Managing Complex Searches

I was helping someone build a complex search today.  The goal was to identify all 10-K filings with some mention of Last-in, First-out inventory and confirm whether the auditor for the companies that mention LIFO belonged to a particular set of auditors.  Their auditor list was not too large (27 names).  Because we were not initially sure exactly what search to construct the search string started getting messy. We were not seeing some results that we expected and I wanted to clean it up so that our customers could better understand some of the choices we were making.

Unfortunately, our search box only displays the most recent 100 characters (including spaces) but our search parser will parse search strings with as many as 16,000 characters.  While the amount of the input that is visible is limited our application does allow users to paste in their search string that they might build outside the application.

So I need to take a break and throw in a plug for a really useful and free) utility called Notepad++.  It is has an amazing feature set.  If you are writing code (Python and Perl and many others) Notepad++ offers syntax highlighting.  It is a lot easier on memory than the included Notepad in the sense that it opens large files much easier.  It has an amazing search facility.  One of the reasons I use it is that it helps me balance parentheses when I am writing a complex search.

When I start getting confused with the search I am trying to construct I stop trying to build it in our search box and switch to Notepad++.

As I mentioned above, I started building the search inside the Search, Extraction & Normalization Engine. Here is a screenshot of part of the search, we can only see about 100 characters at a time.


I was not seeing results from some auditing firms that I expected and so I decided the best thing to do was to build the search in Notepad++.  If you place your mouse in the Search Phrase box and use the right-click button there is a context choice – select all.  So I did that to select and then copy my existing search phrase from our application to Notepad++ (NPP).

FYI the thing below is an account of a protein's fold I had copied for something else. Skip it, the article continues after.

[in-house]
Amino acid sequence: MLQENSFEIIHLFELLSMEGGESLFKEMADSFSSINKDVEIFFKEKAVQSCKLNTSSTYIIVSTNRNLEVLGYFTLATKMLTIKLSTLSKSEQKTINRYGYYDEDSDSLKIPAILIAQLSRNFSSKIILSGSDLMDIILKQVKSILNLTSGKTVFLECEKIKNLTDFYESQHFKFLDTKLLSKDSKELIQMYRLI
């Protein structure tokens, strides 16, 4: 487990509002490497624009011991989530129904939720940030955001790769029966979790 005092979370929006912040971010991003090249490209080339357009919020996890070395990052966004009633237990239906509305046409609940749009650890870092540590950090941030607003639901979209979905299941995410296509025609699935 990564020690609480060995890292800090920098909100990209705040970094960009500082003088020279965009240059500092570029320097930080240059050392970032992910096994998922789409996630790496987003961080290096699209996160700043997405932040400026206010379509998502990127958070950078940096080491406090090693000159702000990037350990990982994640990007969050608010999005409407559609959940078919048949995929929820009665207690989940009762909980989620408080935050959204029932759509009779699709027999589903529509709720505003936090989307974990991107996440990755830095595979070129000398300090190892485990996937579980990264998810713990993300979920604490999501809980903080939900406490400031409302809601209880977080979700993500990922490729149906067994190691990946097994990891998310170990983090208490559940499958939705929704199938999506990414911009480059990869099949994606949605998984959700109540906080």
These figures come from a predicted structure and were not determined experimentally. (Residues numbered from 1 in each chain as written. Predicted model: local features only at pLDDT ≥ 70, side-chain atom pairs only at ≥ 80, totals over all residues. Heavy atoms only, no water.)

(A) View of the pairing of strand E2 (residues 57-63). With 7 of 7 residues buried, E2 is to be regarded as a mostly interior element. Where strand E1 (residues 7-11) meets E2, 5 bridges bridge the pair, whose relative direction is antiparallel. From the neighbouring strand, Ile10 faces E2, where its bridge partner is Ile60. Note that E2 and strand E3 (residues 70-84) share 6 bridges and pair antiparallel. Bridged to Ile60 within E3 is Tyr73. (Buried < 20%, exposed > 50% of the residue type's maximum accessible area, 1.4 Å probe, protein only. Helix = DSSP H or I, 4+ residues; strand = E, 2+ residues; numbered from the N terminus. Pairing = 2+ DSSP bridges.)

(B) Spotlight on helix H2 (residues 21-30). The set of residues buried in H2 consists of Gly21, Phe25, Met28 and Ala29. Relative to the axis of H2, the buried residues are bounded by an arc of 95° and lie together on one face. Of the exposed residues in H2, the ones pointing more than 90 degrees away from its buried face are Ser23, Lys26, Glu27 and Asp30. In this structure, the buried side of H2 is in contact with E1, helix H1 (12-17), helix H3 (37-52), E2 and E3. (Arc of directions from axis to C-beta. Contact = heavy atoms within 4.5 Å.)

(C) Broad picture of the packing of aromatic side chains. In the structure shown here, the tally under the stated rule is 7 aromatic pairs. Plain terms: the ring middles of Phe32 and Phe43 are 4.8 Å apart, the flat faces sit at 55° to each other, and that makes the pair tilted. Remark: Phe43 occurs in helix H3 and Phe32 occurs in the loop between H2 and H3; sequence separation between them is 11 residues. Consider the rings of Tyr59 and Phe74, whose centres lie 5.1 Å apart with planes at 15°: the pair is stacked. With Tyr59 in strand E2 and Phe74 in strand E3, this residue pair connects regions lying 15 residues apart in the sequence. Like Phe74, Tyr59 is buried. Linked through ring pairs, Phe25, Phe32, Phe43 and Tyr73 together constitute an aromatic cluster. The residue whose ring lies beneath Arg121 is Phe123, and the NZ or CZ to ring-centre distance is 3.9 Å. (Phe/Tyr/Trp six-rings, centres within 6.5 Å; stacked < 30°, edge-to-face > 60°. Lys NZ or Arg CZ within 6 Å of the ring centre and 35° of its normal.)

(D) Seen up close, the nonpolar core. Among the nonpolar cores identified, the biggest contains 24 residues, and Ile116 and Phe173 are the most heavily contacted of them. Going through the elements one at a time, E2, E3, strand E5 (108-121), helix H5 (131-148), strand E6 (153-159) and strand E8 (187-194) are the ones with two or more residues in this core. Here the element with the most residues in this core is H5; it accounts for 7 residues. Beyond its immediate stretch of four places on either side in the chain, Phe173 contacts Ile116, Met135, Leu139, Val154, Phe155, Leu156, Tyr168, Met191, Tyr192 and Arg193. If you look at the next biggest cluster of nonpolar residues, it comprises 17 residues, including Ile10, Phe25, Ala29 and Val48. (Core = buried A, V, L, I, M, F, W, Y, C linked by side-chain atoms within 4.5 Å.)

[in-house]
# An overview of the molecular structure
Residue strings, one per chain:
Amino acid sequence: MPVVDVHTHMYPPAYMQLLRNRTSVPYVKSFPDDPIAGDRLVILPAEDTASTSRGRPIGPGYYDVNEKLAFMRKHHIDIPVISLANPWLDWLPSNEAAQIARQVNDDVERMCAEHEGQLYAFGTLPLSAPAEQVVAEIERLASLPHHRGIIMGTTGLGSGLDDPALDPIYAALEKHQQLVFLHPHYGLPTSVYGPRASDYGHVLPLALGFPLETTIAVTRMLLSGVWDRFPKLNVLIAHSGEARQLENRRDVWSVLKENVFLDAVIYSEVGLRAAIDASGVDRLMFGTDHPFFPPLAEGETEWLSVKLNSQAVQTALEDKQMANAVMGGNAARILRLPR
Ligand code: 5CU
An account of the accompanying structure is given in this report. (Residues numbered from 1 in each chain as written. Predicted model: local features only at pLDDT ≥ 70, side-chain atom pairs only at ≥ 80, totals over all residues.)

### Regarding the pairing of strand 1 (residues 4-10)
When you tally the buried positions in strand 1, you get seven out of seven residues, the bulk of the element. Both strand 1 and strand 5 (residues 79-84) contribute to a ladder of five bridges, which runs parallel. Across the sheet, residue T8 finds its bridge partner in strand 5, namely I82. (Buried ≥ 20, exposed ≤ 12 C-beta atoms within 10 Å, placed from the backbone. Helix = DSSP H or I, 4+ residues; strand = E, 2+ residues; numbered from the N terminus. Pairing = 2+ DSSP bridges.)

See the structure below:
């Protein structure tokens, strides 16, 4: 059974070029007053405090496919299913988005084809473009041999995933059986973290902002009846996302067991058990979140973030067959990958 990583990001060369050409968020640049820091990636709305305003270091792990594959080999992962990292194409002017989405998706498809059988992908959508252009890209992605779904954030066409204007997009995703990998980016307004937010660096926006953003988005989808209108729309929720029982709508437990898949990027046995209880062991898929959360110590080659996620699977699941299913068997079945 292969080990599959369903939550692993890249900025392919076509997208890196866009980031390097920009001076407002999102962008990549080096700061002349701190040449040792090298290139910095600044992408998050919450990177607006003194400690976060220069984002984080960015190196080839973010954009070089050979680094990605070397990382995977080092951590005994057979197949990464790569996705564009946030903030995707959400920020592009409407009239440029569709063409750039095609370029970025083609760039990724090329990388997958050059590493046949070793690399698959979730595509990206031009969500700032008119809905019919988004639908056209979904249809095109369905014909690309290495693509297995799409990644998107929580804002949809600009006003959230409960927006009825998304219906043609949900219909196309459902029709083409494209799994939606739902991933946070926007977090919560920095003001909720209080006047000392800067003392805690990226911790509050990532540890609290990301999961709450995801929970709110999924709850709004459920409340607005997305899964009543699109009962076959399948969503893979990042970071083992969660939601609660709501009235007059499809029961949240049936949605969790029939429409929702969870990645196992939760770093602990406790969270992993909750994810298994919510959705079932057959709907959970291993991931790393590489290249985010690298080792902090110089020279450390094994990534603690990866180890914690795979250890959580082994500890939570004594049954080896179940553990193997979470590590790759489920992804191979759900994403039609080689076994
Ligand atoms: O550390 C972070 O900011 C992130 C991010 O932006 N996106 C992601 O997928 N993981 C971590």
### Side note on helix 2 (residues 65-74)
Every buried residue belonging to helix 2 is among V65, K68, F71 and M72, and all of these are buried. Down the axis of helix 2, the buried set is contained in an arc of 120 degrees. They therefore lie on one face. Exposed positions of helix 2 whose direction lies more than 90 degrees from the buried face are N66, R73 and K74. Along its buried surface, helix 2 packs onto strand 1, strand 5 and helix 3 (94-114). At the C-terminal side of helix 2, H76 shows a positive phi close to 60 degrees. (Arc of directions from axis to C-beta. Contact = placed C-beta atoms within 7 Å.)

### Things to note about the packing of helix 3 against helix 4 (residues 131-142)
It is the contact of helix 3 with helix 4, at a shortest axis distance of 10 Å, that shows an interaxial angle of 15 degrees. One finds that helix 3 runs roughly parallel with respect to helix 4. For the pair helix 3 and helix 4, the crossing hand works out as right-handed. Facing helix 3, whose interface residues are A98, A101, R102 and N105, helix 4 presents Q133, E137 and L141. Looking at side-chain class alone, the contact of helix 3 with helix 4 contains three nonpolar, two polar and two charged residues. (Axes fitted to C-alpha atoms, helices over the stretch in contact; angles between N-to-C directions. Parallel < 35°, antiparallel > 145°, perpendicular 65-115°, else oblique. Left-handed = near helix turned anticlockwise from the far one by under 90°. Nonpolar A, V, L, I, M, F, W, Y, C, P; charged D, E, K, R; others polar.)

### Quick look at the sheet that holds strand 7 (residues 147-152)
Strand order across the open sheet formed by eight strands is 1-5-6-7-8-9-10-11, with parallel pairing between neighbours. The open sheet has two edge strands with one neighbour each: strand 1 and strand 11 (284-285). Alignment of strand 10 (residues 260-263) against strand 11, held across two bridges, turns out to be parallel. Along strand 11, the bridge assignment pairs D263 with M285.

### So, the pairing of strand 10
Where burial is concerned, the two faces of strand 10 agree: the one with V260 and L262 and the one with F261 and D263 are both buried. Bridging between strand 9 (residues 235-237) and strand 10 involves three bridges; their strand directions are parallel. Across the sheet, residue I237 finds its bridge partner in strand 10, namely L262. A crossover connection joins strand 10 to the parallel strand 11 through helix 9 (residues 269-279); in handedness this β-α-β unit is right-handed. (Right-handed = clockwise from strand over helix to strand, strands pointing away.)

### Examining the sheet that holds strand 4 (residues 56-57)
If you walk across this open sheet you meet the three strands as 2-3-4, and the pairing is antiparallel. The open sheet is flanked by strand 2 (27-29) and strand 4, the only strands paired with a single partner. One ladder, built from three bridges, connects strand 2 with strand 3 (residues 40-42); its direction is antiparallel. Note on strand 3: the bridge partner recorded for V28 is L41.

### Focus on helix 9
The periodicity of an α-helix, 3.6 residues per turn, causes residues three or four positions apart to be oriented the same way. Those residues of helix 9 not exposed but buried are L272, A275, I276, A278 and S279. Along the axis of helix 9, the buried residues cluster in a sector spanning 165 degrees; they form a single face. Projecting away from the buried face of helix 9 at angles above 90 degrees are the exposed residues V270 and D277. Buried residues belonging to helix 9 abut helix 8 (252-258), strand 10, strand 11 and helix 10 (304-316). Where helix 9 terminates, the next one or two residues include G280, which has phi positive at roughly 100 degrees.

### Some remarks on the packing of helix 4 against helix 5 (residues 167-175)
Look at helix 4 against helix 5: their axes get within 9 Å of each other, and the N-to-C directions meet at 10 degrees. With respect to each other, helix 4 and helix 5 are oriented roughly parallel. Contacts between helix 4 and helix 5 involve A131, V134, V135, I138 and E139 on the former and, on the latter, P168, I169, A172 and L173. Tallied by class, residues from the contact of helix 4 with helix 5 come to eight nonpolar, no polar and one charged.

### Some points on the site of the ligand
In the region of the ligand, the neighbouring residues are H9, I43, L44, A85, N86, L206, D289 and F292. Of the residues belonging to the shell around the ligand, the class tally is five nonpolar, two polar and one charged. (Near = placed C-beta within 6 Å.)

I pasted it squished down so you can see that there are 732 characters in my search.  Just pasting it into NPP isn’t enough, I want to see the search.  So I started adding line breaks after operators or terms. Here is an image of the search reorganized in NPP:


Organizing the search this way sure makes it a lot easier to read.  I have two clumsily drawn circles in the image up there.  The smaller one at the top illustrates the parentheses matching.  If you are next to a parentheses it will change color (you can set the color you want, the default is red) and the matching parentheses will also light-up.  That is a really useful feature that I use a lot when building nested searches. You can easily tell if you have unbalanced parentheses by placing the cursor next to one and then scroll up or down to look for another with the same highlighting.  If you don’t see one then you have an unbalanced parenthesis.

The second, longer red ‘circle’ illustrates that I think it is always a best practice to indent each new line of search content one space.  The reason for this is if you hit return and then start typing in the first column of the new line the parser will run together the last word (or operator) of the previous line with the first word (or operator) of the current line.

Once the search was in NPP it was easy to analyze.  The problem we were having turned out to be an unbalanced parenthesis and typos (read misspellings).  Once those were corrected we just selected our search (as it was displayed in NPP – we did not have to get rid of the line breaks) and then pasted it back into the search box.


Notice, that the line breaks are preserved.  The parser will take care of the line breaks when we submit the search.

For those of you new to our software, the andany operator is not used in the process of selecting documents.  Rather it is used to count instances of other words or phrases in the documents selected with the other operators.  While our focus in this search was on LIFO we also want to inspect references to FIFO to make sure we properly identify LIFO adopters (that explains the first andany operator).  The second, in front of the list of auditors is to identify the auditor(s) associated with the companies who do mention LIFO in their 10-K.

In the search results displayed below – there were 2,439 documents found.  These documents were selected because:

  1. They had either the phrase “last in” (hyphenated or not)
  2. or they had the term LIFO
  3. and they were 10-K documents (not exhibits)
  4. and I set a date filter to select only filings made between 1/1/2012 and 5/30/2016

Because of the andany  operators we could check on their auditor and find their context for FIFO if they mentioned either in the document.


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